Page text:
"The Rev. Sir Henry Moncrieff Wellwood, whose death and character have been brought before the Assembly, was elected to be the general collector of the fund for the widows and children of this church, in 1784, and continued to discharge, till his death, the duties of that important office. During the long period of forty-three years, he received annually the thanks of the General Assembly, for the able, faithful, and affectionate manner in which he fulfilled the trust reposed in him; and never were thanks bestowed more deservedly, and with more full or heartfelt approbation. In the discharge of the difficult, and often delicate duties of his office, he united the highest honour and fidelity, with the most consummate prudence, and the greatest tenderness and forbearance; so that it is stated of him, by those who were connected with him in the trust, and who long and intimately knew him, that his vigour of mind, and the caution with which he deliberated, enabled him to form such decided opinions, as saved them in many cases from much perplexity; that even the minutest details of the management were never regarded by him as unworthy the attention of his powerful mind; that for the period during which he administered the concerns of the fund, not a single instance occurred of any embarrassment being occasioned to them, by any mistake or inadvertency on his part, and on the other hand, so great was the confidence reposed in him, that they never heard of a single complaint of severity in the exercise of the powers with which he was intrusted.

But while the General Assembly thus gratefully record their sense of the public services of Sir Henry Moncrieff Wellwood in that office to which their attention has been specially directed, it is impossible not also to remember what he was in a higher character, and in the discharge of higher duties. Endowed with great talents for the business of life, he was fitted for rising to high distinction in the secular departments of society; but with a strong attachment, which increased with his years, he devoted himself to the ministry of Christ in the church of Scotland. The church of Scotland was dear to him from his earliest predilections, and these were confirmed by his maturest judgments and long experience and observation of human life. The character of a minister of the gospel he valued above all others, and though of too just an understanding not to estimate the advantages of his hereditary rank, he never forgot, or allowed others to forget, that he held a sacred character, by which it was of chief importance that he should be known and considered. The doctrines of Christ were the objects of his firmest faith and warmest attachment, and to preach them to his people he considered to be his first duty, and highest honour. With a peculiar energy and power he presented them to the minds of his hearers, and made them the principles from which he enforced all the virtues and graces of a holy life; while with fearlessness and freedom, and great discernment of human character, he unfolded and exposed the besetting sins of men of every condition. As a member of the General Assembly he will long be remembered. His knowledge of business, his strong and masculine eloquence, the distinctness and vigour with which he went forward to his subject, and the simplicity and fire with which he stated his sentiments, secured to him at all times the respectful attention of men of every description. Equally distant from flattery and personal invective, he spoke with the freedom of an independent but well regulated mind; nor amidst the collision of sentiment and warmth of discussion did he ever forget the spirit which should be maintained in an assembly met in the name of Christ and to promote his kingdom. His life was devoted to active and general usefulness. He had no taste for frivolous pursuits, and while his judgment led him to devote himself chiefly to those peculiar departments of duty in which he believed he would be most useful, he entered with deep interest into every scheme of public utility, and rejoiced in the success of every well directed plan for promoting the cause of religion and humanity. The young and the friendless he delighted to take under his protection; and as his influence in society was great, so many were the individuals in every department of life, besides those who were within the reach of his private friends, whom he benefited by his active services and by the wisdom of his counsels."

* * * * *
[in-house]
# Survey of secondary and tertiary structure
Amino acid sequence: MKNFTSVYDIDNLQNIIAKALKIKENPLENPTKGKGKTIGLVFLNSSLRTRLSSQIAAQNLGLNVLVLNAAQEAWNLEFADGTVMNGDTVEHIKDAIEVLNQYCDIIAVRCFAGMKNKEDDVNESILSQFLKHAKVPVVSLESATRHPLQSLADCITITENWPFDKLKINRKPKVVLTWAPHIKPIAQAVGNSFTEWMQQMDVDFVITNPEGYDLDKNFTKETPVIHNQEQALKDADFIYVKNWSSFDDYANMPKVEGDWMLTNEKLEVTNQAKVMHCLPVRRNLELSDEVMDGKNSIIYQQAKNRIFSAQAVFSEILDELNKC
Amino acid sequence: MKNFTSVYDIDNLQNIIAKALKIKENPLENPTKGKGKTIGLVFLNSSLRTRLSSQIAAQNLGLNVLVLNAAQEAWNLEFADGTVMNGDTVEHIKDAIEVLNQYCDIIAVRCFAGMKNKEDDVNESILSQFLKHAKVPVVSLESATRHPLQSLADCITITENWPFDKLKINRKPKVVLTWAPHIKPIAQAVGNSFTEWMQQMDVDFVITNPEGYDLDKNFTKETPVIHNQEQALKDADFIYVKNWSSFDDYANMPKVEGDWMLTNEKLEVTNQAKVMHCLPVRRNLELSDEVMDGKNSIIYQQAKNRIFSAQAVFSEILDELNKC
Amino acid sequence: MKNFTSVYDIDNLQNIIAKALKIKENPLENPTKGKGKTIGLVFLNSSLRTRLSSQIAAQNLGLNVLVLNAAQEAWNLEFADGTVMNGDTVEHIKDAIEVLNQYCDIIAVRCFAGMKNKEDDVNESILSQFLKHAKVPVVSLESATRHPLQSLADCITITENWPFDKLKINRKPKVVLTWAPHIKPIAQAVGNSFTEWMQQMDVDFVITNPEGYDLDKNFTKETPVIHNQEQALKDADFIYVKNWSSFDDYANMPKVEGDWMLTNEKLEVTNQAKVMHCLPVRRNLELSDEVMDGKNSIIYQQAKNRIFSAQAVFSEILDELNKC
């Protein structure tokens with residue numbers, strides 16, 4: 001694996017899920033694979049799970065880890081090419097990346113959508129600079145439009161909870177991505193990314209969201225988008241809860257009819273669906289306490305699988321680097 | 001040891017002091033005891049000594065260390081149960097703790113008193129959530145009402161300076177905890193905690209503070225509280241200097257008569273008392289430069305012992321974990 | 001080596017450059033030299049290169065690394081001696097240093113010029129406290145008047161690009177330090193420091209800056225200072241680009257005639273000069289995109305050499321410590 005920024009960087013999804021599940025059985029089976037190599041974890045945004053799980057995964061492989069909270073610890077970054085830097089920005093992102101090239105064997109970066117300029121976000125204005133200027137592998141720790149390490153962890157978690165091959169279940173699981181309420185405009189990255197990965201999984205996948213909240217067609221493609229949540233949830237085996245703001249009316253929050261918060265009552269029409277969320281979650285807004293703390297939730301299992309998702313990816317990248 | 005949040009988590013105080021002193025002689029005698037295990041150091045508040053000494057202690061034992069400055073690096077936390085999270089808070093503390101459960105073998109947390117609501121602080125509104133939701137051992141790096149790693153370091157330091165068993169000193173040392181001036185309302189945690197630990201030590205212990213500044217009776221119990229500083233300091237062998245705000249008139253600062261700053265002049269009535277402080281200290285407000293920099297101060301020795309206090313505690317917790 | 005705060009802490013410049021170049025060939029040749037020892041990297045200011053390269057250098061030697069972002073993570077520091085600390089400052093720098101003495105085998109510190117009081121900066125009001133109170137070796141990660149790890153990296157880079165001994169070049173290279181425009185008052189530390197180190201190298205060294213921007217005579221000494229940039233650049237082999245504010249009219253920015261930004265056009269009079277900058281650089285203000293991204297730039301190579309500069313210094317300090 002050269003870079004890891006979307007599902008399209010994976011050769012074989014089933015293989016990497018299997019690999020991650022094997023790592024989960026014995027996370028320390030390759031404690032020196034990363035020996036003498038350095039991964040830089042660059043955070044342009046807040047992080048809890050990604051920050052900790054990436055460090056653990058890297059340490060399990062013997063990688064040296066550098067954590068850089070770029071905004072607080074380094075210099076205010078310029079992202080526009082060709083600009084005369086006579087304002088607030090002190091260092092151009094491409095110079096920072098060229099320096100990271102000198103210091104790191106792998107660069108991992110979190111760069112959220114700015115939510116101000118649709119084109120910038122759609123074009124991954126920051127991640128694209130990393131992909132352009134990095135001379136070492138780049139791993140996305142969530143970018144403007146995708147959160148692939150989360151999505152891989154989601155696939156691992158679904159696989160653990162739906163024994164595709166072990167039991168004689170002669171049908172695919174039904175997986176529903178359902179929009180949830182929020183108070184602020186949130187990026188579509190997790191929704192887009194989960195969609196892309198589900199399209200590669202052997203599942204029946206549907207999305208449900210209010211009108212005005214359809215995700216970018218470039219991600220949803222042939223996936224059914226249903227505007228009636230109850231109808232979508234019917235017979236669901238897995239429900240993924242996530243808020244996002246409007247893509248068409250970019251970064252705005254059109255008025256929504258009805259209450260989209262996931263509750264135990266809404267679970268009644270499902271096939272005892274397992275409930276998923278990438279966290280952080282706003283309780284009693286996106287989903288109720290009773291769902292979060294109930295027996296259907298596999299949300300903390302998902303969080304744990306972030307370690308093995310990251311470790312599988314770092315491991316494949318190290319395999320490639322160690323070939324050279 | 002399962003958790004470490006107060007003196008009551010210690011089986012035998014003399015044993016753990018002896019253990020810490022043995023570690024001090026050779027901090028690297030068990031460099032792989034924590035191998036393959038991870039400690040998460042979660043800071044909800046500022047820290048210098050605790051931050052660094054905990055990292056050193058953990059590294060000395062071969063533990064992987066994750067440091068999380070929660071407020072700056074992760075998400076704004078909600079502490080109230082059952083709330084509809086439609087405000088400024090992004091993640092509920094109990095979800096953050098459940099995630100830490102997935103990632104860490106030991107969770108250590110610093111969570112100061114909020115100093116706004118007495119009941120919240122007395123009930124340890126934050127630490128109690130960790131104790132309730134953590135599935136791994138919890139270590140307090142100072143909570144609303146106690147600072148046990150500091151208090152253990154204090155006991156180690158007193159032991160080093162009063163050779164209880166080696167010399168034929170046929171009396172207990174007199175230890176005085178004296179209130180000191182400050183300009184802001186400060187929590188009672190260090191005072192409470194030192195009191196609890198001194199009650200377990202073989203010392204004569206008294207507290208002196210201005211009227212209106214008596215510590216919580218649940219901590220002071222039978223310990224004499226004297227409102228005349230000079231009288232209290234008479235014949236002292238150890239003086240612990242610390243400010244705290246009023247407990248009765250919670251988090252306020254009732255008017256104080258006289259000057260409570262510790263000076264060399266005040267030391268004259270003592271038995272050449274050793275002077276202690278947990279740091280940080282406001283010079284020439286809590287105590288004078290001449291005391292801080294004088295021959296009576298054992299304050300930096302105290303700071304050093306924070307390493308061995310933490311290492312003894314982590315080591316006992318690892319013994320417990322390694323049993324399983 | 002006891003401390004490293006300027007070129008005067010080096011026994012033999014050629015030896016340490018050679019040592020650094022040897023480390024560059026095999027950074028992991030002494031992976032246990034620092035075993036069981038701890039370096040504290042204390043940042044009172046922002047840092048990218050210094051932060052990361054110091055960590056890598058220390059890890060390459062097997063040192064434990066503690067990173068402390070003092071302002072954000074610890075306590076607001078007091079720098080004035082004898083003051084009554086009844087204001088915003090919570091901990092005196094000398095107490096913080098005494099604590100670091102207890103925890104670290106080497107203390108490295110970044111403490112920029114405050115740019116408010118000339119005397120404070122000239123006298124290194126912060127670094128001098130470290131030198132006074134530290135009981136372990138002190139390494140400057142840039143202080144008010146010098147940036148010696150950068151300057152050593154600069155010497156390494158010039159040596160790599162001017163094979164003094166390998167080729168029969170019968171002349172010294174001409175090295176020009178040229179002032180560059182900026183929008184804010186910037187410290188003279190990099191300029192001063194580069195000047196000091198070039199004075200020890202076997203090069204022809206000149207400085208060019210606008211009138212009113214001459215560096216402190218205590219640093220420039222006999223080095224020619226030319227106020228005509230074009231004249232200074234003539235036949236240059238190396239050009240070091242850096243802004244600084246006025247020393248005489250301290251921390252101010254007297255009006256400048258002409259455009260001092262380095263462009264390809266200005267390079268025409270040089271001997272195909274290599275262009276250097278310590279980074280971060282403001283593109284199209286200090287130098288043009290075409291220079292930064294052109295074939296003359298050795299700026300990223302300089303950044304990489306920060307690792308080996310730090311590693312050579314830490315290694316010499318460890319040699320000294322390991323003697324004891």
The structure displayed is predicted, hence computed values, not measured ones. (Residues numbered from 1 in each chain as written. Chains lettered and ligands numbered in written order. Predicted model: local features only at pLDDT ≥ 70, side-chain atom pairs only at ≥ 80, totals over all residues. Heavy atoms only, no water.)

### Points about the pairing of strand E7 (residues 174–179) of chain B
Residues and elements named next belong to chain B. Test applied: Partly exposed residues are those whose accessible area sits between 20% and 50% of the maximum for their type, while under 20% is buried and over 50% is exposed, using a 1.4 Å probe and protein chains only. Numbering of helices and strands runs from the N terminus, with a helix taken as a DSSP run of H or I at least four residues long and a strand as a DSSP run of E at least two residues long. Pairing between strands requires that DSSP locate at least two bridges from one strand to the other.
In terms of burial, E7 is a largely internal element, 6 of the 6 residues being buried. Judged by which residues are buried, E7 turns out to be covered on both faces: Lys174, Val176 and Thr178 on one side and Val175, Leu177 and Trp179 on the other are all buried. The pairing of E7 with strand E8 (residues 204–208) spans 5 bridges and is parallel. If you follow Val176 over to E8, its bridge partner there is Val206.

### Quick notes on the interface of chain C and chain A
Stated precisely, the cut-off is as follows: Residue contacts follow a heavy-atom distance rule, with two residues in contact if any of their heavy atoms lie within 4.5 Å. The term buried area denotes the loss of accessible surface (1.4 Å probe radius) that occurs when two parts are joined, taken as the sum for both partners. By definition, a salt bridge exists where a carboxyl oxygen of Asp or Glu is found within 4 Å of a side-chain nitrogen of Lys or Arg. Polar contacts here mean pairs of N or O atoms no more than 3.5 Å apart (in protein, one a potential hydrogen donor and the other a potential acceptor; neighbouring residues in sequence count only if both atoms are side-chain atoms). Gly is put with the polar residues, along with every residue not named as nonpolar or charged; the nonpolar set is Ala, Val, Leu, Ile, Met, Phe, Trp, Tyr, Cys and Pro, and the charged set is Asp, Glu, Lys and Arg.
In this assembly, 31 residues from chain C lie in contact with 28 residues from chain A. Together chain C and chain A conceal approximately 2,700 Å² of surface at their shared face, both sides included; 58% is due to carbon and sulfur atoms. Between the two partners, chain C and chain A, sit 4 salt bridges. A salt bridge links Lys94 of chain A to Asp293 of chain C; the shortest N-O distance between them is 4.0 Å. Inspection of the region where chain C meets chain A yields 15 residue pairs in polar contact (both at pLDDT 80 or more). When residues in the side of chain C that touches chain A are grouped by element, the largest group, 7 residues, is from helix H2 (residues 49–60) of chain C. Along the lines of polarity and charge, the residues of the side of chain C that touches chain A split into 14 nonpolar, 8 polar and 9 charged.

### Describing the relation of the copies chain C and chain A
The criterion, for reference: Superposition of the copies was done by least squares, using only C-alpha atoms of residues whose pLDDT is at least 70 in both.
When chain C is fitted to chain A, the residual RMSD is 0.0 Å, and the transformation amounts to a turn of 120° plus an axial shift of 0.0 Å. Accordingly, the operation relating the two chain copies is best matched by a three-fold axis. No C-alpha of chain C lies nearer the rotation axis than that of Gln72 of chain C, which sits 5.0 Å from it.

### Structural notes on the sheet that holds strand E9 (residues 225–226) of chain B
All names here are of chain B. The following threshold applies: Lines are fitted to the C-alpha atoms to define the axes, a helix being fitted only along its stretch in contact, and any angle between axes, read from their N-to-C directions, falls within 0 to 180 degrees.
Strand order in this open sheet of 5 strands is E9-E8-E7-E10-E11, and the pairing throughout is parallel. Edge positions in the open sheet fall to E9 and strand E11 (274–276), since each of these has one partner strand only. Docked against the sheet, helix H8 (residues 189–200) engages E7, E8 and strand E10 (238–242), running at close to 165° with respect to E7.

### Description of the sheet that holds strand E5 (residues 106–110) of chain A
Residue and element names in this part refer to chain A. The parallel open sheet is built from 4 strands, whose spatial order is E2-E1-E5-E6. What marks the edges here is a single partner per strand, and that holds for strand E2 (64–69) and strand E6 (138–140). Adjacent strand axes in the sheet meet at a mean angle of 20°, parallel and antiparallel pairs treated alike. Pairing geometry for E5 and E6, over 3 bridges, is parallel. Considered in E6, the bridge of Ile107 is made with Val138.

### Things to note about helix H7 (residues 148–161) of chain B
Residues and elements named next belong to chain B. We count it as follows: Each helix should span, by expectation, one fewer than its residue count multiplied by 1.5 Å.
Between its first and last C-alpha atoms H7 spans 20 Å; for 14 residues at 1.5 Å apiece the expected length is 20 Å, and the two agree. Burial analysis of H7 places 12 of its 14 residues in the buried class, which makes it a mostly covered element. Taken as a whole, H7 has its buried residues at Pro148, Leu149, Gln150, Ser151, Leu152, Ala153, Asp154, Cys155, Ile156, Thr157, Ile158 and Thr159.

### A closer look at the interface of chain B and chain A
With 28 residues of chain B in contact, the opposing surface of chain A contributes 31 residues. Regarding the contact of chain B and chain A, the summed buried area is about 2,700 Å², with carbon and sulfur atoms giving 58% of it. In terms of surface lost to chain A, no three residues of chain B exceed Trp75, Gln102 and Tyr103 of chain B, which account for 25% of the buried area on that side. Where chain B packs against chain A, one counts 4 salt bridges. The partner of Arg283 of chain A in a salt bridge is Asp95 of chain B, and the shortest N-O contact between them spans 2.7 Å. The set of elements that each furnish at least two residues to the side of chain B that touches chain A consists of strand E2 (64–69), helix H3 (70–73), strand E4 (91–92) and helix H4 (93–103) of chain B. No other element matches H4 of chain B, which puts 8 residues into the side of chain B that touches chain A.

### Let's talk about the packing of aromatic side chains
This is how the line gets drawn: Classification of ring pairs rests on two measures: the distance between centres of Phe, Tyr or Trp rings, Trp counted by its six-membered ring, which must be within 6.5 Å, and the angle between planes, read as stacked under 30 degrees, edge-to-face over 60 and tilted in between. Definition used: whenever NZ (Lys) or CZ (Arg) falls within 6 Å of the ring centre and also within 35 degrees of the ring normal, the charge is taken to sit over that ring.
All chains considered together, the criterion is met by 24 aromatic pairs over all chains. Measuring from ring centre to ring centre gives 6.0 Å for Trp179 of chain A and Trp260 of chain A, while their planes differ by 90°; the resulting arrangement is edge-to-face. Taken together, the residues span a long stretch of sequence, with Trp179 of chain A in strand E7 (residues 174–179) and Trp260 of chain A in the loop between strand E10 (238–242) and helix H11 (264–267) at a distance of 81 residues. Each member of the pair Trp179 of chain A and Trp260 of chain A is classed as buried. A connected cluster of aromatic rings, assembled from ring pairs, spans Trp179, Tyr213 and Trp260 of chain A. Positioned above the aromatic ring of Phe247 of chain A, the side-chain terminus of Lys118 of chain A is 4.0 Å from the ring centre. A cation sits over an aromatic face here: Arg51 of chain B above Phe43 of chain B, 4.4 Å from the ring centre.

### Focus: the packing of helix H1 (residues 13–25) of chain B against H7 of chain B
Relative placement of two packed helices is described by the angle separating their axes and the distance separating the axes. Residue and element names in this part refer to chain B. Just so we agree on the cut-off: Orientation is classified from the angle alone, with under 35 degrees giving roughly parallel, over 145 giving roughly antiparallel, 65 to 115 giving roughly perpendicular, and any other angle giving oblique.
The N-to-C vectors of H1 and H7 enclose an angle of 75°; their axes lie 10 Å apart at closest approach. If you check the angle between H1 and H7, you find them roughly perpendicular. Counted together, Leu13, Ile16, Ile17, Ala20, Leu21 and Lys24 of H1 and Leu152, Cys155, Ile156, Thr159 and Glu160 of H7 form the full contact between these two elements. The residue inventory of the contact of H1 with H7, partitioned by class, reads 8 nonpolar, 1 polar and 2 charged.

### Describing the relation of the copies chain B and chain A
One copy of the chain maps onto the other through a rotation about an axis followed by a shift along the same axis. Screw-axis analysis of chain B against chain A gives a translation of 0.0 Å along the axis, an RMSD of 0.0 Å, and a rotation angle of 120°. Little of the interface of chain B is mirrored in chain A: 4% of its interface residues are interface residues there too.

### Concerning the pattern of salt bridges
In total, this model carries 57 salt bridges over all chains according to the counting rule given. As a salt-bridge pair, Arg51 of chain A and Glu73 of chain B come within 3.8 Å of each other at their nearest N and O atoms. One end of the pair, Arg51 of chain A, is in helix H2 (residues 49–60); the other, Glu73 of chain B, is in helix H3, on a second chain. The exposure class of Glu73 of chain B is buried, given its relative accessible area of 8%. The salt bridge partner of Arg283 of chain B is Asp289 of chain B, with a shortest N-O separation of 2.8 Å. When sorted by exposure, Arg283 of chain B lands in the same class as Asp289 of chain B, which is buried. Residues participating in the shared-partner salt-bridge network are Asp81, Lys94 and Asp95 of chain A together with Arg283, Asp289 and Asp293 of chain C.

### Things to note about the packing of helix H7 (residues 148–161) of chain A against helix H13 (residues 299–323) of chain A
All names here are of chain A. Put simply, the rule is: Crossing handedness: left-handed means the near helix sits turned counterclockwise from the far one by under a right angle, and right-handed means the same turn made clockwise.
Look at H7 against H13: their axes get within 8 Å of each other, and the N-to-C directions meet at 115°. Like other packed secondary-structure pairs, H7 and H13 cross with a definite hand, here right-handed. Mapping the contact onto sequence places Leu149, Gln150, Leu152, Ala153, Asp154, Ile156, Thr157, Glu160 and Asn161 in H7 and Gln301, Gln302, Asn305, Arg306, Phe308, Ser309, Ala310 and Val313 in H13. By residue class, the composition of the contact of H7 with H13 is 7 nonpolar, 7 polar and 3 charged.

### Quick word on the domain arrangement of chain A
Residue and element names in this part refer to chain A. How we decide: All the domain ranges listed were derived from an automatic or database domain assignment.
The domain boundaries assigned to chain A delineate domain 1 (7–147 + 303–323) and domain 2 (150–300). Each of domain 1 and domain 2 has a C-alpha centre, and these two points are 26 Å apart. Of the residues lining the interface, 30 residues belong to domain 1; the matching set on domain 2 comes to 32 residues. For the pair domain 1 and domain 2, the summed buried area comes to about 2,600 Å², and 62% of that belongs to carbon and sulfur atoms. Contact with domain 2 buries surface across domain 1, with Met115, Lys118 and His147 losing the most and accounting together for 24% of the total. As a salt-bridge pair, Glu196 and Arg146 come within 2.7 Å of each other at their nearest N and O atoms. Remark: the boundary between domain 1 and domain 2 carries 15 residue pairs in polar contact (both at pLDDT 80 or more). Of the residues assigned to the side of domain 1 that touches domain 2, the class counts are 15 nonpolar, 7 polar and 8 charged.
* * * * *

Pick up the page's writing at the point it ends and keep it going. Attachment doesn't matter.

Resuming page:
To this eulogium may be added the following estimate of Sir H. Monerieff’s public character, by the late lord Cockburn, in the Life of Francis Jeffrey:—"This eminent person was not merely distinguished among his brethren of the church of Scotland, all of whom leant upon him, but was in other respects one of the most remarkable and admirable men of his age. Small gray eyes, an aquiline nose, vigorous lips, a noble head, and the air of a plain hereditary gentleman, marked the outward man. The prominent qualities of his mind were, strong integrity and nervous sense. There never was a sounder understanding. Many men were more learned, many more cultivated, and some more able. But who could match him in sagacity and mental force? The opinions of Sir Harry Moncrieff might at any time have been adopted with perfect safety, without knowing more about them than that they were his. And he was so experienced in the conduct of affairs, that he had acquired a power of forming his views with what seemed to be instinctive acuteness, and with a decisiveness which raised them above being slightly questioned. Nor was it the unerring judgment alone that the public admired. It venerated the honourable heart still more. A thorough gentleman in his feelings, and immoveably honest in his principles, his whole character was elevated into moral majesty. He was sometimes described as overbearing. And in one sense, to the amusement of his friends, perhaps, he was so. Consulted by every body, and of course provoked by many, and with very undisciplined followers to lead, his superiority gave him the usual confidence of an oracle; and this operating on a little natural dogmatism, made him sometimes seem positive, and even hard: an impression strengthened by his manner. With a peremptory conclusiveness, a shrill defying voice, and a firm concentrated air, he appeared far more absolute than he really was, for he was ever candid and reasonable. But his real gentleness was often not seen; for if his first clear exposition did not convince, he was not unapt to take up a short disdainful refutation; which, however entertaining to the spectator, was not always comfortable to the adversary. But all this was mere manner. His opinions were uniformly liberal and charitable, and, when not under the actual excitement of indignation at wickedness or dangerous folly, his feelings were mild and benignant; and he liberalized his mind by that respectable intercourse with society which improves the good clergyman, and the rational man of the world. I was once walking with him in Queen Street, within the last three years of his life. A person approached who had long been an illiberal opponent of his, and for whom I understood that he had no great regard. I expected them to pass without recognition on either side. But instead of this, Sir Harry, apparently to the man’s own surprise, stopped, and took him by the hand, and spoke kindly to him. When they separated, I said to Sir Harry that I thought he had not liked that person. ‘Oh! no; he’s a foolish, intemperate creature. But to tell you the truth, I dislike a man fewer every day that I live now.’" Lord Cockburn adds that Sir Harry’s "great instrument of usefulness was his public speaking;" that he often rose in the pulpit into "great views and powerful declamation;" was "the noblest deliverer of prayers at striking funerals;" and in debate "a fearful man to grapple with;" that "his writing, though respectable, was feeble;" and that "had he not preferred his church to every other object, there was no public honour to which he might not have fought his way," as counsel, judge, head of public department, or parliamentary leader.